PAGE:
Great Synagogue of Rome
The Jewish community of Rome goes back to the 2nd century B.C when the Roman Empire had an alliance of sorts with Judea under the leadership of Judah Maccabeus. At that time, many Jews came to Rome from Judea. Their numbers increased during the following centuries due to the settlement that came with Mediterranean trade. Then large numbers of Jews were brought to Rome as slaves following the Jewish–Roman wars in Judea from 63 to 135 CE<ref name="Temple">Template:Cite web</ref>
The present Synagogue was constructed shortly after the unification of Italy in 1870, when the Kingdom of Italy captured Rome and the Papal States ceased to exist. The Roman Ghetto was demolished and the Jews were granted citizenship. The building which had previously housed the ghetto synagogue (a complicated structure housing five scolas in a single building) was demolished, and the Jewish community began making plans for a new and impressive building.<ref name="Sacred">Template:Cite web</ref>
Commemorative plates have been affixed to honour the local Jewish victims of Nazi Germany and of a Palestine Liberation Organization attack in 1982.
On 13 April 1986, Pope John Paul II made an unexpected visit to the Great Synagogue. This event marked the first known visit by a pope to a synagogue since the early history of the Roman Catholic Church. He prayed with Rabbi Elio Toaff, the former Chief Rabbi of Rome.<ref name="Sacred"/><ref>Template:Cite web</ref> This was seen by manyTemplate:Who as an attempt to improve relations between Catholicism and Judaism and a part of Pope John Paul II's programme to improve relations with Jews. In 2010 Rabbi Riccardo Di Segni hosted a visit from Pope Benedict XVI.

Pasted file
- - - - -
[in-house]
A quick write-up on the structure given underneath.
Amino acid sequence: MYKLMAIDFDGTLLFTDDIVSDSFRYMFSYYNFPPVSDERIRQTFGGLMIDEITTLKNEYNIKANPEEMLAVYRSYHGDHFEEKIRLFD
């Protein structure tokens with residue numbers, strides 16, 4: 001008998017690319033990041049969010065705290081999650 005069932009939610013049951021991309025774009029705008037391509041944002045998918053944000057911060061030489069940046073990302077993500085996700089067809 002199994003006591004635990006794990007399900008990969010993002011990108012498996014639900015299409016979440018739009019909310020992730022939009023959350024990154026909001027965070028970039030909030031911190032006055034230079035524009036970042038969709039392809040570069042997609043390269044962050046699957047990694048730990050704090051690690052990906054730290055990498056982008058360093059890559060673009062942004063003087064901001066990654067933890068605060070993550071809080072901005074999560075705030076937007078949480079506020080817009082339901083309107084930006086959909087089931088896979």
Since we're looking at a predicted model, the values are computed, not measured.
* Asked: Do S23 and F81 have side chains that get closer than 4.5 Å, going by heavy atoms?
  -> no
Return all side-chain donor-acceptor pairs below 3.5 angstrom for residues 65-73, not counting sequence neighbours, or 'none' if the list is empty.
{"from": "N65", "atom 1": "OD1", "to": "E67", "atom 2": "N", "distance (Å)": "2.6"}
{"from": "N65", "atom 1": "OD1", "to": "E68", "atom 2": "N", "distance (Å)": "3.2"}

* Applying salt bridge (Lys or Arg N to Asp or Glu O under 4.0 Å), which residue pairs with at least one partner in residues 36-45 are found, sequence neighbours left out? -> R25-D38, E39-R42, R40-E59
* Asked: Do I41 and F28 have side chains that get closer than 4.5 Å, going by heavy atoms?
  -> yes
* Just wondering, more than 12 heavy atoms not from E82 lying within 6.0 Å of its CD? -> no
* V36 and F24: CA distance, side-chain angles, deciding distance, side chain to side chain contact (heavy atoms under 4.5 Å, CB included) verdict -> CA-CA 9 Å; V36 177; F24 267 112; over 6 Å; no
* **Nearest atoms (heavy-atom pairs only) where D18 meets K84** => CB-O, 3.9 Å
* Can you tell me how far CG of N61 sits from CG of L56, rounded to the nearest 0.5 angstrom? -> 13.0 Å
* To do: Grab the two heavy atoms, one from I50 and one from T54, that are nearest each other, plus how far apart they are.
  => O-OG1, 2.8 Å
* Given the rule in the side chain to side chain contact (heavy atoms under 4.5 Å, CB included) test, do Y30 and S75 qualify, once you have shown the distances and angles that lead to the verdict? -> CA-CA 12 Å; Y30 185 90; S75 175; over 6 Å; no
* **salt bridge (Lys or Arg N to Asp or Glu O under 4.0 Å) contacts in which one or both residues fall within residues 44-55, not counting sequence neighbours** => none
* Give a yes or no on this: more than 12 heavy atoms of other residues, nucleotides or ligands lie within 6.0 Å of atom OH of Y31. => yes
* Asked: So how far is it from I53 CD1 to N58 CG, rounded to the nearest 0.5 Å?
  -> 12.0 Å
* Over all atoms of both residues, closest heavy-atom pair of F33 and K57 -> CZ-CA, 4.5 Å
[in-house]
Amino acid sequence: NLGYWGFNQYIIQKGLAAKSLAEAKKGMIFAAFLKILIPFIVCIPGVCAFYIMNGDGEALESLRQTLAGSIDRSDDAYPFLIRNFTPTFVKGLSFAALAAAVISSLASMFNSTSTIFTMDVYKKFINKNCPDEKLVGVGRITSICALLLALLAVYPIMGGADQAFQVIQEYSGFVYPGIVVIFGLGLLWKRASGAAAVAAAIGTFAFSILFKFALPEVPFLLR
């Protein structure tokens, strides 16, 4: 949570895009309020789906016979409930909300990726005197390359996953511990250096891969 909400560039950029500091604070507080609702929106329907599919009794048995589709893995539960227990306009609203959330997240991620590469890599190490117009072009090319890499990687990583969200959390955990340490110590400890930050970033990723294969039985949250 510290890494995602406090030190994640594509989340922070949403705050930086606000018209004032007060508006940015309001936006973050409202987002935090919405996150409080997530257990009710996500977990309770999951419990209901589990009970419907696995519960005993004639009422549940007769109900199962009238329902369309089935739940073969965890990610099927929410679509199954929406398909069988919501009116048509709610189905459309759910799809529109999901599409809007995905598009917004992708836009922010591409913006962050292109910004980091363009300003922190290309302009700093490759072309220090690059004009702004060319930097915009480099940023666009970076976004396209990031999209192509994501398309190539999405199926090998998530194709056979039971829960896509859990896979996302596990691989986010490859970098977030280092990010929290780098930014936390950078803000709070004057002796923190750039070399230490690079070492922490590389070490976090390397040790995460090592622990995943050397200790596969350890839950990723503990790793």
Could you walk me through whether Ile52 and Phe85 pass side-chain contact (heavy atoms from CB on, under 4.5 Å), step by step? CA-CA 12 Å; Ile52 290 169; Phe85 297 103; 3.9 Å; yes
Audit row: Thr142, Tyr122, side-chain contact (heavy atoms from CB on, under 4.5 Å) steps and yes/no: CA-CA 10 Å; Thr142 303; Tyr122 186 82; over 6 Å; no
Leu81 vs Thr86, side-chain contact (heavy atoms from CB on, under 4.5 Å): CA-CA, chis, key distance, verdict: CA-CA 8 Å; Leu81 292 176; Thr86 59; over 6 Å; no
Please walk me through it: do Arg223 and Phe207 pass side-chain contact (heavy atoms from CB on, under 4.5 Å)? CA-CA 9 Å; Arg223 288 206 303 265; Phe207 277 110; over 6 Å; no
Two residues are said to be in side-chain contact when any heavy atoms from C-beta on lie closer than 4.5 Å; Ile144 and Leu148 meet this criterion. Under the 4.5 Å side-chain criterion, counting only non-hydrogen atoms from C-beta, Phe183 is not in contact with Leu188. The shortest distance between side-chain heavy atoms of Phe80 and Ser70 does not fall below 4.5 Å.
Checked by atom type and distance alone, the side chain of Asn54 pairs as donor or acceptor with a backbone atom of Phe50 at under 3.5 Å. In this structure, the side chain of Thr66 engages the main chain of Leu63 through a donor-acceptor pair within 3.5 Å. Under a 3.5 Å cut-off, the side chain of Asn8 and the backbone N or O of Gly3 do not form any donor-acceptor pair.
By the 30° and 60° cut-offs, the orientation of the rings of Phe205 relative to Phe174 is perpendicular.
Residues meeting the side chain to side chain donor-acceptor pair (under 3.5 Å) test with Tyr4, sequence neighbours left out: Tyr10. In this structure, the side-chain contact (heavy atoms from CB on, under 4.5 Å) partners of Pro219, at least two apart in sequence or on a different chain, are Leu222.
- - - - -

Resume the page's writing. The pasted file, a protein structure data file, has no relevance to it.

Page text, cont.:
The synagogue celebrated its centenary in 2004. In addition to serving as a house of worship, it is also serves a cultural and organizational centre for la Comunità Ebraica di Roma (the Jewish community of Rome). It houses the offices of the Chief Rabbi of Rome, as well as the Jewish Museum of Rome.<ref name="Sacred"/>
On 17 January 2005, thirteen cantors, in conjunction with the Jewish Ministers Cantors Association of America (the Chazzanim Farband), performed in a cantorial concert for the first time in the synagogue's history.
1982 Great Synagogue of Rome attack
Designed by Vincenzo Costa and Osvaldo Armanni, the synagogue was built from 1901 to 1904 on the banks of the Tiber, overlooking the former ghetto. The eclectic style of the building makes it stand out, even in a city known for notable buildings and structures.<ref name="Sacred"/> This attention-grabbing design was a deliberate choice made by the community at the time who wanted the building to be a visible celebration of their freedom and to be seen from many vantage points in the city. The aluminium dome is the only squared dome in the city and makes the building easily identifiable even from a distance.
- Il Museo Ebraico di Roma.jpg
Silverware on display in the Jewish Museum of Rome</center>
- Iner ornamental velvet covering Scroll of the Law,.jpg
Inner ornamental embroidered covering of the Scroll of the Law.</center>
- Ornamental velvet covering Scroll of the Law,.jpg
Ornamental velvet covering of the Scroll of the Law.</center>
- Rings on the Scroll of the Law.jpg
Rings on the Scroll of the Law.</center>
- Template:En icon Great Synagogue of Rome (Contact, Map, Images and history)
- Template:It icon Museum adjacent to Synagogue
- Template:En icon Jewish Rome